From: John Conover <john@email.johncon.com>

Subject: Re: Electronic Components Shipments Industrial Marketplace

Date: Wed, 14 Oct 1998 23:37:47 -0700

John Conover writes: > > The model is that duration of the fluctuations in industrial markets > have a probability of 1 / sqrt (t). It is not complicated. What's the > probability of a "recession" lasting longer than four months? 1 / sqrt > (4) = 1 / 2 = 50%. And longer than two months? 1 / sqrt (2) = 0.707 = > 71%. How about longer than seven months? 1 / sqrt (7) = 0.378 = 38%. > But how well does the model work in other markets? A reasonable question. So, I used additional data available through the Department of Commerce, and made a composite overlay graph. The industrial markets were selected from the electronics industry: MSEL367X: Electronic Components and Accessories Shipments 1980-1995, by the month. IP357XXX: Computer & Office Equipment Industrial Production 1982-1995, by the month. MNELELEC: Total Electronics New Orders 1980-1995, by the month. MSELINFS: Information Systems Shipments 1979-1994, by the month. The methodology used to make the graph was identical with the methodology used in the previous graphs. Again, the graph is compelling:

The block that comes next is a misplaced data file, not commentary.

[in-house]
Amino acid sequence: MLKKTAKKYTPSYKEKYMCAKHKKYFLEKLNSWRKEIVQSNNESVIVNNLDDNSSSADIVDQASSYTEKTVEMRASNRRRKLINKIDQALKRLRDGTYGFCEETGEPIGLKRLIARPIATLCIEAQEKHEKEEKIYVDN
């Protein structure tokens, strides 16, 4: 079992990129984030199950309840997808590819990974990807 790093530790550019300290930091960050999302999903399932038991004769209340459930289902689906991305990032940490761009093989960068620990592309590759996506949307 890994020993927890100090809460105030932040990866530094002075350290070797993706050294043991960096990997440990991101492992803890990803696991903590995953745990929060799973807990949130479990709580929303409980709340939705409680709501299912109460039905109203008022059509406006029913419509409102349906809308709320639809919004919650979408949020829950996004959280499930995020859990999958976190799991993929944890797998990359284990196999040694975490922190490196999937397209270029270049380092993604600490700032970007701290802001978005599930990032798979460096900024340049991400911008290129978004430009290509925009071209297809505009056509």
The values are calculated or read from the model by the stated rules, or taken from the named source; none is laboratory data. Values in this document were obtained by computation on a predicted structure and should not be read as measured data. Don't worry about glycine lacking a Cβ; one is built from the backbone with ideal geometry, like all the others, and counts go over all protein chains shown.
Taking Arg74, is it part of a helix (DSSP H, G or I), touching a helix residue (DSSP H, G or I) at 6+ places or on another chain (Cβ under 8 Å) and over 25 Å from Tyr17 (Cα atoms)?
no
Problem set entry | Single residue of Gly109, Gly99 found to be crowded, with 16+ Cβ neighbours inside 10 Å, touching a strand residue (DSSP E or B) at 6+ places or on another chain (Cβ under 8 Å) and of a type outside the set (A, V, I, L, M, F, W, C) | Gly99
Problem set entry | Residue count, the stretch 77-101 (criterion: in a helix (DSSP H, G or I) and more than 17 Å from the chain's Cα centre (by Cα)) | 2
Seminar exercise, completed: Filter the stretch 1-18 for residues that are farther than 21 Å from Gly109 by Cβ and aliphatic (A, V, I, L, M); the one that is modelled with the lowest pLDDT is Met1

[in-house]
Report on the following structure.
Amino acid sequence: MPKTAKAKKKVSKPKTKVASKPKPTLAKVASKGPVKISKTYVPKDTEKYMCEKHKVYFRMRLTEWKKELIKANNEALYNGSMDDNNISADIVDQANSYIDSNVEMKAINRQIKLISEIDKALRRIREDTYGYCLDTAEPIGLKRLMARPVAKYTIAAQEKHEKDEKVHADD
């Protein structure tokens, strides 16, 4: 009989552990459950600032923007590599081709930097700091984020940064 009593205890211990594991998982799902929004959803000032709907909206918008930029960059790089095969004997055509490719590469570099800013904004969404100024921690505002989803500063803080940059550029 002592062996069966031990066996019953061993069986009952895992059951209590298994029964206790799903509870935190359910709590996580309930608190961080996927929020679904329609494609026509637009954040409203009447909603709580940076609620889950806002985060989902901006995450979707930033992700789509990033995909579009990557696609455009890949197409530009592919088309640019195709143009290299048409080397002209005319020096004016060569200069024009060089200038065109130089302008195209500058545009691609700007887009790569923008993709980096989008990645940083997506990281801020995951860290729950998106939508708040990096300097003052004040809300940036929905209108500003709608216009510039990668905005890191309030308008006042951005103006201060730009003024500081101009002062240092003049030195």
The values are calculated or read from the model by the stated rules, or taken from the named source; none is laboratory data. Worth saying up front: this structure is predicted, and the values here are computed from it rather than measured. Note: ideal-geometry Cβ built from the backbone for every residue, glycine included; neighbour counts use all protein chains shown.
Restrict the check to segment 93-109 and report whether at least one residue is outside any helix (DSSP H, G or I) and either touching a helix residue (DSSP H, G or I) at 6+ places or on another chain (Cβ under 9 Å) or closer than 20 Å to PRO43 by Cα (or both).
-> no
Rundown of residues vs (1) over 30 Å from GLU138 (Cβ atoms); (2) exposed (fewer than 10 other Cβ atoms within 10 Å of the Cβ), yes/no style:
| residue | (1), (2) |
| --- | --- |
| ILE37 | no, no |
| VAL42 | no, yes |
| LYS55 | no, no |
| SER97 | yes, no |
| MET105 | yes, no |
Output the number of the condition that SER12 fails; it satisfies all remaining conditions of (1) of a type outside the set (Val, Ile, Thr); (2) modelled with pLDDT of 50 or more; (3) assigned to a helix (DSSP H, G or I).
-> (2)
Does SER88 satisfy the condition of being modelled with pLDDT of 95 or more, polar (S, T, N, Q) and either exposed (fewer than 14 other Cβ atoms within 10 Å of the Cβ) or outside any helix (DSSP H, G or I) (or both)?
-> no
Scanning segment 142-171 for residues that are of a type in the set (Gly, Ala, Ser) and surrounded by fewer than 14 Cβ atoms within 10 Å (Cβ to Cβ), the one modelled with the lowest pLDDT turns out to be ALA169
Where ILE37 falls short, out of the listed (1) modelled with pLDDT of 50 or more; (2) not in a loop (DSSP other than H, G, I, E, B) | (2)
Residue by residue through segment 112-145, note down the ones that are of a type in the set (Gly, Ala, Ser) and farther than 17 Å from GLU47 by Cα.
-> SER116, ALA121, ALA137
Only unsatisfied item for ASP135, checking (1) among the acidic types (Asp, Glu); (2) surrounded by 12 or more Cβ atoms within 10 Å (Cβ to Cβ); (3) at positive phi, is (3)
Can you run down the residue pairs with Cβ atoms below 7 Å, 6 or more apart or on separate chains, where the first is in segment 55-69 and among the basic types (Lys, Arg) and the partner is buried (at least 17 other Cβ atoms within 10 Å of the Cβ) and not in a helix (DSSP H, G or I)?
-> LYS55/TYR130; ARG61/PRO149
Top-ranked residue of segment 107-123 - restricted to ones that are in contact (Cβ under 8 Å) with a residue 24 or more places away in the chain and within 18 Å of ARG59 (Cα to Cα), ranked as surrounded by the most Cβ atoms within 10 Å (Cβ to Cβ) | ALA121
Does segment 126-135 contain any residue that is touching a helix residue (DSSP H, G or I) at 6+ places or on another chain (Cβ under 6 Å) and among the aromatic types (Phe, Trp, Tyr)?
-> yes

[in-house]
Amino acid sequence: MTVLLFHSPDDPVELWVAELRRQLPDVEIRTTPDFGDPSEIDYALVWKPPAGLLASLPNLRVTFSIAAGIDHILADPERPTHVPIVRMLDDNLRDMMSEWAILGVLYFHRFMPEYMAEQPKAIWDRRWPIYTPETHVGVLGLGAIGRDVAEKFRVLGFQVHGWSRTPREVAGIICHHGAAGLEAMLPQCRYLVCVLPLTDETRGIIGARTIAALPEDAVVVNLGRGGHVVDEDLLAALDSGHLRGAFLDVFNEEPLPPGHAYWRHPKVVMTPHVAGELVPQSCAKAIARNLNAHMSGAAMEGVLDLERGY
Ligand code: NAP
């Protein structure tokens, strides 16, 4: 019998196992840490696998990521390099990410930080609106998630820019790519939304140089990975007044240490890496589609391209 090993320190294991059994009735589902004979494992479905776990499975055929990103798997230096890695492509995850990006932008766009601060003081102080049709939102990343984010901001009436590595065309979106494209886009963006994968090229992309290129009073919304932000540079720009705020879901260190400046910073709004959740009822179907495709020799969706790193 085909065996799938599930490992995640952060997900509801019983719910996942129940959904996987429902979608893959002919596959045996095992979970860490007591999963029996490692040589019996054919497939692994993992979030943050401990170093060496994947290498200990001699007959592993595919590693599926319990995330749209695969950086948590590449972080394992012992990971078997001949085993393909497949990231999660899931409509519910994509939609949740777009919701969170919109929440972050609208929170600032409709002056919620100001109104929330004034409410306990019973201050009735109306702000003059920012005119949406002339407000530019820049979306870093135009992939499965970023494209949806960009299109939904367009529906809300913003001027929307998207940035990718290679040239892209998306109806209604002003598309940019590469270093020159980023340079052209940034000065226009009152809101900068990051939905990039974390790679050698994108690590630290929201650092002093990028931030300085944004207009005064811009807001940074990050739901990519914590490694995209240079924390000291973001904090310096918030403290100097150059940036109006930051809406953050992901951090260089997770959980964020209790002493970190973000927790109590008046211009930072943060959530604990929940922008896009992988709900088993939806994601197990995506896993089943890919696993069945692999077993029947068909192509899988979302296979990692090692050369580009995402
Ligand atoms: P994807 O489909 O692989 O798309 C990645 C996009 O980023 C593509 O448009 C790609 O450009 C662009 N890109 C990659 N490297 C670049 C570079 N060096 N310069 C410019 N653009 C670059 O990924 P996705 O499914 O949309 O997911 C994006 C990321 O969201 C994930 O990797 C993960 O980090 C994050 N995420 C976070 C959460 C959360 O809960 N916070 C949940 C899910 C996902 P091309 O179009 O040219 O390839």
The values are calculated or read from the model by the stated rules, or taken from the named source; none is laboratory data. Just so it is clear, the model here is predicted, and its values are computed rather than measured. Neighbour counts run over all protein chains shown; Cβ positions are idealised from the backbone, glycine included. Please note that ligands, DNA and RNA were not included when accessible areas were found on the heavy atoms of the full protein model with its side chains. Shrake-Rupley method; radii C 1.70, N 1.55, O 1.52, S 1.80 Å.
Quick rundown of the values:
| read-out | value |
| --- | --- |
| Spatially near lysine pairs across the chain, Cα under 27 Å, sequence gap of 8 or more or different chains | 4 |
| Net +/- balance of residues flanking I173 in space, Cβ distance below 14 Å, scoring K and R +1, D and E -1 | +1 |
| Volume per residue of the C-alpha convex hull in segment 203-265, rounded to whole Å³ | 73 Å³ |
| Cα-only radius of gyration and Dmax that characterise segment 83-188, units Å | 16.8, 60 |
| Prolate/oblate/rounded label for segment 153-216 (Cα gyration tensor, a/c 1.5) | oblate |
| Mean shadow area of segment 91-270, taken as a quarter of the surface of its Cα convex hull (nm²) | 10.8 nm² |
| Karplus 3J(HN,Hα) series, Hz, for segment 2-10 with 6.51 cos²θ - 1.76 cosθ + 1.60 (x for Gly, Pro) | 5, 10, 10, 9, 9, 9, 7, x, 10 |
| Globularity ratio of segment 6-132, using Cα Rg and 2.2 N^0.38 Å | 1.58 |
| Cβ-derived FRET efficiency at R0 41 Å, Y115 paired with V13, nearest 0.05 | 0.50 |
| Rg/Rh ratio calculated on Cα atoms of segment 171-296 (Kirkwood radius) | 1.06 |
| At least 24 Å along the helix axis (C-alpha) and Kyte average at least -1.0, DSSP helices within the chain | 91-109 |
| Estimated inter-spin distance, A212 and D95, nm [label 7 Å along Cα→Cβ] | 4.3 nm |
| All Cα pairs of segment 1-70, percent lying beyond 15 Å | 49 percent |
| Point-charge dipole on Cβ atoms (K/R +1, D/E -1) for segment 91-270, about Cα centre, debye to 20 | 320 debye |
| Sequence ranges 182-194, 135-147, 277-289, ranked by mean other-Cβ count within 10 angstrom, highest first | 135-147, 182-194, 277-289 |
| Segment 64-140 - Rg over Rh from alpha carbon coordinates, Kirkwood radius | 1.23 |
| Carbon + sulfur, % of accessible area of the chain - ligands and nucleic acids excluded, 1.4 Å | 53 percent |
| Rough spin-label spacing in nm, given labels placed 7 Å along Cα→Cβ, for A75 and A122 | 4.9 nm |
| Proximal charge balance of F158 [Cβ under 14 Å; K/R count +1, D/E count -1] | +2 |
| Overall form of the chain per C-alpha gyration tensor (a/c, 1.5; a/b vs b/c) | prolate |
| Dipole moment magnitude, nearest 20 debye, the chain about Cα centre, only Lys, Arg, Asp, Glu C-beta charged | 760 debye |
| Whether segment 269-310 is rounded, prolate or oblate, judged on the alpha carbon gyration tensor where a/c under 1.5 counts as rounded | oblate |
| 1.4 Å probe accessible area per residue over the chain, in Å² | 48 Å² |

As before, all the graph means is that if you want to find the chances of the duration of an industrial market expansion or contraction being longer than, say four months, you find 4 on the x axis, move up to the graph, and left to the y axis, and read about 0.5 = 50%. There are six graphs displayed. The "real" graph is erf (1 / sqrt (t)), and is the graph that should be used. The graph erf (1 / sqrt (t)) - 0.0743294146 is what we would expect to see if our data set was 181 months, and the remaining graphs are the empirical data from the Department of Commerce, which consisted of 181 months, for the various electronics markets. All in all, a respectable "fit" of empirical data to our theoretical model, particularly when considering that each empirical data set consisted of only 181 data points. So, the assumption that our model of the duration of expansion and contraction intervals in industrial markets can be calculated as having a probability of happening of 1 / sqrt (t) seems to be intuitively justified, irregardless of whether we are talking in months or years, or any other industrial market. John -- John Conover, john@email.johncon.com, http://www.johncon.com/

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